This election year is all about making history, and students will be following it carefully, both for assignments and to prepare for the future. Infobase’s Classroom Video On Demand streaming video service can help, with quick video recaps of the candidate’s acceptance speeches from the Republican and Democratic conventions and landmark televised presidential debates from 1960 to 2012. Plus, counselors and students will give high marks to our insightful titles on coping with school stress, while classic programs featuring authors of color give context to Banned Books Week.
Subscribers can also explore the new, complete calendar (accessible via the menu in the header, top left of any page in the platform) for the year’s milestones, holidays, and events—a great source for programming ideas throughout the year.
Presidential Election Coverage
Get your students ready for the presidential debates by inviting them to check out the acceptance speeches of both Hillary Clinton (Hillary Clinton Promises to Build a “Better Tomorrow”) and Donald Trump (Trump Accepts GOP Nomination, Lays Out “Law and Order” Platform). Also, let them watch history unfold with the U.S. Presidential Election Debates Series, a collection of televised debates from 1960 to 2012.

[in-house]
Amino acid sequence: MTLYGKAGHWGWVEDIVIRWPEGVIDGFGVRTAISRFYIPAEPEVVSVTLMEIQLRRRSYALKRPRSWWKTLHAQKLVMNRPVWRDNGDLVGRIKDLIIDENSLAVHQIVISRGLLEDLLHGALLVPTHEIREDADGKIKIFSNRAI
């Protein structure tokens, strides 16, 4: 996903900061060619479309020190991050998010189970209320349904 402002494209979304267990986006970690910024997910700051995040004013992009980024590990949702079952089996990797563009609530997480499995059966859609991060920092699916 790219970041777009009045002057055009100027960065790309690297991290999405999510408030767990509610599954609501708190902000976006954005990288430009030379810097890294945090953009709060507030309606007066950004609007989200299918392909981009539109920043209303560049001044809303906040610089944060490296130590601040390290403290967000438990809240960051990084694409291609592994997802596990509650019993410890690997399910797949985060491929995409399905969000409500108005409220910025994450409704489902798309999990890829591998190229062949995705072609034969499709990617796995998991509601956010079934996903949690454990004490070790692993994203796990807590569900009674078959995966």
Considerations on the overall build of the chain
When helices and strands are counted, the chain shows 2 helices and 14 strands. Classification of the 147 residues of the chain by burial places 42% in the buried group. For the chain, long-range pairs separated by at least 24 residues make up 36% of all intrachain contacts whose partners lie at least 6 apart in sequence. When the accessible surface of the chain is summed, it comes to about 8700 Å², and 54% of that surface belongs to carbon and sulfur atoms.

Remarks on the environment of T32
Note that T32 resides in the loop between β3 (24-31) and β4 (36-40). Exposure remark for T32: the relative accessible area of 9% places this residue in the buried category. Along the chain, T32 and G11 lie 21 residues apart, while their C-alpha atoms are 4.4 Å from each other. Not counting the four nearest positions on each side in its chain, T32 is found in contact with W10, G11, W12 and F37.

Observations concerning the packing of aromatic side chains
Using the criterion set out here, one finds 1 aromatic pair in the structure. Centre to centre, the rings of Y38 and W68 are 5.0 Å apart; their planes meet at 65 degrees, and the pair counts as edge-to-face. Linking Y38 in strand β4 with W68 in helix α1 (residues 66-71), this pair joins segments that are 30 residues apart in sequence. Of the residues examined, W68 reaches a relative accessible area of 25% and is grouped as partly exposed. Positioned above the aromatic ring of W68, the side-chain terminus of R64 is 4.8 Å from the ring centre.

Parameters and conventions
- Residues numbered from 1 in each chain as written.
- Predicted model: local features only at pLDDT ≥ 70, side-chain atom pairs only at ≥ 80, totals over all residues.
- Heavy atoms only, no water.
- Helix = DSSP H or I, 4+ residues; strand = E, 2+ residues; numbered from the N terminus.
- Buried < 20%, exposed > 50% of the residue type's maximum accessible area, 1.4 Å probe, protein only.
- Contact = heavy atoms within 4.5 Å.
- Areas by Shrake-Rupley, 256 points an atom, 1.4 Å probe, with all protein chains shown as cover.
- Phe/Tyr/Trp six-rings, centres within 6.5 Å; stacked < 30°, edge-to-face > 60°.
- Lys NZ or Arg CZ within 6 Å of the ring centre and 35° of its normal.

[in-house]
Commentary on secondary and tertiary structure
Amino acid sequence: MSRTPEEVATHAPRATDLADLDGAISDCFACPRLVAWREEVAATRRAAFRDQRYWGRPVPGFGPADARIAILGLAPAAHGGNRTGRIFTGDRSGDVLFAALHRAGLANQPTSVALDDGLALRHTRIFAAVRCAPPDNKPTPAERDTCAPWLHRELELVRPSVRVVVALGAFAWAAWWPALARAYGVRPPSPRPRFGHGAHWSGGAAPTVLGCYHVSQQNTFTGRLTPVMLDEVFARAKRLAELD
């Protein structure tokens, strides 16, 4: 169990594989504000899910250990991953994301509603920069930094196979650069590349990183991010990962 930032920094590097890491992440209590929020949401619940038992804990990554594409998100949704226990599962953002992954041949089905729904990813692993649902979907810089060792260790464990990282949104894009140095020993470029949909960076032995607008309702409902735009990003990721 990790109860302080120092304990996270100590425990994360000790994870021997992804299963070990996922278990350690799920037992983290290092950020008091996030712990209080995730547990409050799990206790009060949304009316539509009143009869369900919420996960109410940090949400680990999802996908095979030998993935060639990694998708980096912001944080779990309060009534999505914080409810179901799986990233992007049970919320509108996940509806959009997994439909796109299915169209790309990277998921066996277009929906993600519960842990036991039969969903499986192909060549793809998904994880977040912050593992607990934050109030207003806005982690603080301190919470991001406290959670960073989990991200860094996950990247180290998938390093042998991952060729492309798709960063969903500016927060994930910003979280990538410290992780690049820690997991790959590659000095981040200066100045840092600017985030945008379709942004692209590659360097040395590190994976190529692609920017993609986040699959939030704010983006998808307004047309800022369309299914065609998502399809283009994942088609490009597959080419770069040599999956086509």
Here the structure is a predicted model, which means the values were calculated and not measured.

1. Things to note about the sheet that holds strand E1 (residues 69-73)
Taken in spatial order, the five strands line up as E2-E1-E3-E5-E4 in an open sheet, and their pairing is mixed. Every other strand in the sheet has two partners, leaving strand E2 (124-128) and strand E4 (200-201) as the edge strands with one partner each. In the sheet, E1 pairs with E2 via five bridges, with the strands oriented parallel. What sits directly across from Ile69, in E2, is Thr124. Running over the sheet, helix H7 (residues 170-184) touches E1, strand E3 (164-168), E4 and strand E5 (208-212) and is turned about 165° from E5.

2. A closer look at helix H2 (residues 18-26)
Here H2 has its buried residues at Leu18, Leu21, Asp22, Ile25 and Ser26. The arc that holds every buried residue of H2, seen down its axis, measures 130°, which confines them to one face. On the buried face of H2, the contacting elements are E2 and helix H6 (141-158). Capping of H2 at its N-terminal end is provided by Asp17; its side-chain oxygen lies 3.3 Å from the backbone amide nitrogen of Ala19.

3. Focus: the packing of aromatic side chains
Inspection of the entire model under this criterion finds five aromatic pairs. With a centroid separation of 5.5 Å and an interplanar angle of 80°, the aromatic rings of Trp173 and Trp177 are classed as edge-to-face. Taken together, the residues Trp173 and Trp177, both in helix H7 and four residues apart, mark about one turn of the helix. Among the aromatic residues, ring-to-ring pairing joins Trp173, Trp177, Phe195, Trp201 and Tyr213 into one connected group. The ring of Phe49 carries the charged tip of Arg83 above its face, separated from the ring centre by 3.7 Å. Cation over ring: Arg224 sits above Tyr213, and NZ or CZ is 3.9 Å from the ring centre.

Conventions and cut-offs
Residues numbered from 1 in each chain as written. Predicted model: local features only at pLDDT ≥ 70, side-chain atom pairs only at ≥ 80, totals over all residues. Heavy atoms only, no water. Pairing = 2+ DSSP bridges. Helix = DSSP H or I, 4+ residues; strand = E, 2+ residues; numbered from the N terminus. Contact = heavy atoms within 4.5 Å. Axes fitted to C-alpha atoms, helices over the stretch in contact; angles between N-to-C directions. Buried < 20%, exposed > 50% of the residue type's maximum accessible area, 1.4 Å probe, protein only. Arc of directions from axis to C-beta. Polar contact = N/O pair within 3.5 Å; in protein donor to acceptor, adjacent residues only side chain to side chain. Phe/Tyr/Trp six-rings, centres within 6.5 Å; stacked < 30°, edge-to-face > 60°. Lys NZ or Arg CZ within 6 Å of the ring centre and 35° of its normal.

Coping with School Stress
With the new school year comes new opportunities for stress among students, from meeting deadlines for assignments to passing exams to facing pressure from parents to succeed. Direct your students to our insightful guidance titles on coping with school stress, including titles such as Navigating School Pressures: The Adolescent World, Help! I’m Stressed!, and Managing School-Related Anxiety: Reaching Teens.
Banned Books Week, September 25–October 1
Help celebrate the freedom to read with classic programs profiling notable authors of color—including Toni Morrison (Toni Morrison: In Black and White), Richard Wright (Richard Wright: Black Boy), and Alice Walker (Alice Walker: In Black and White)—whose works are often challenged.
About Classroom Video On Demand:
Classroom Video On Demand serves the specific needs of students who are preparing for college, by providing top-quality video across the entire high school curriculum, including life skills and guidance. It’s ideal for high schools that want targeted content, tailored specifically to their level, rather than a collection that pools the entire range of K–12 content into one platform.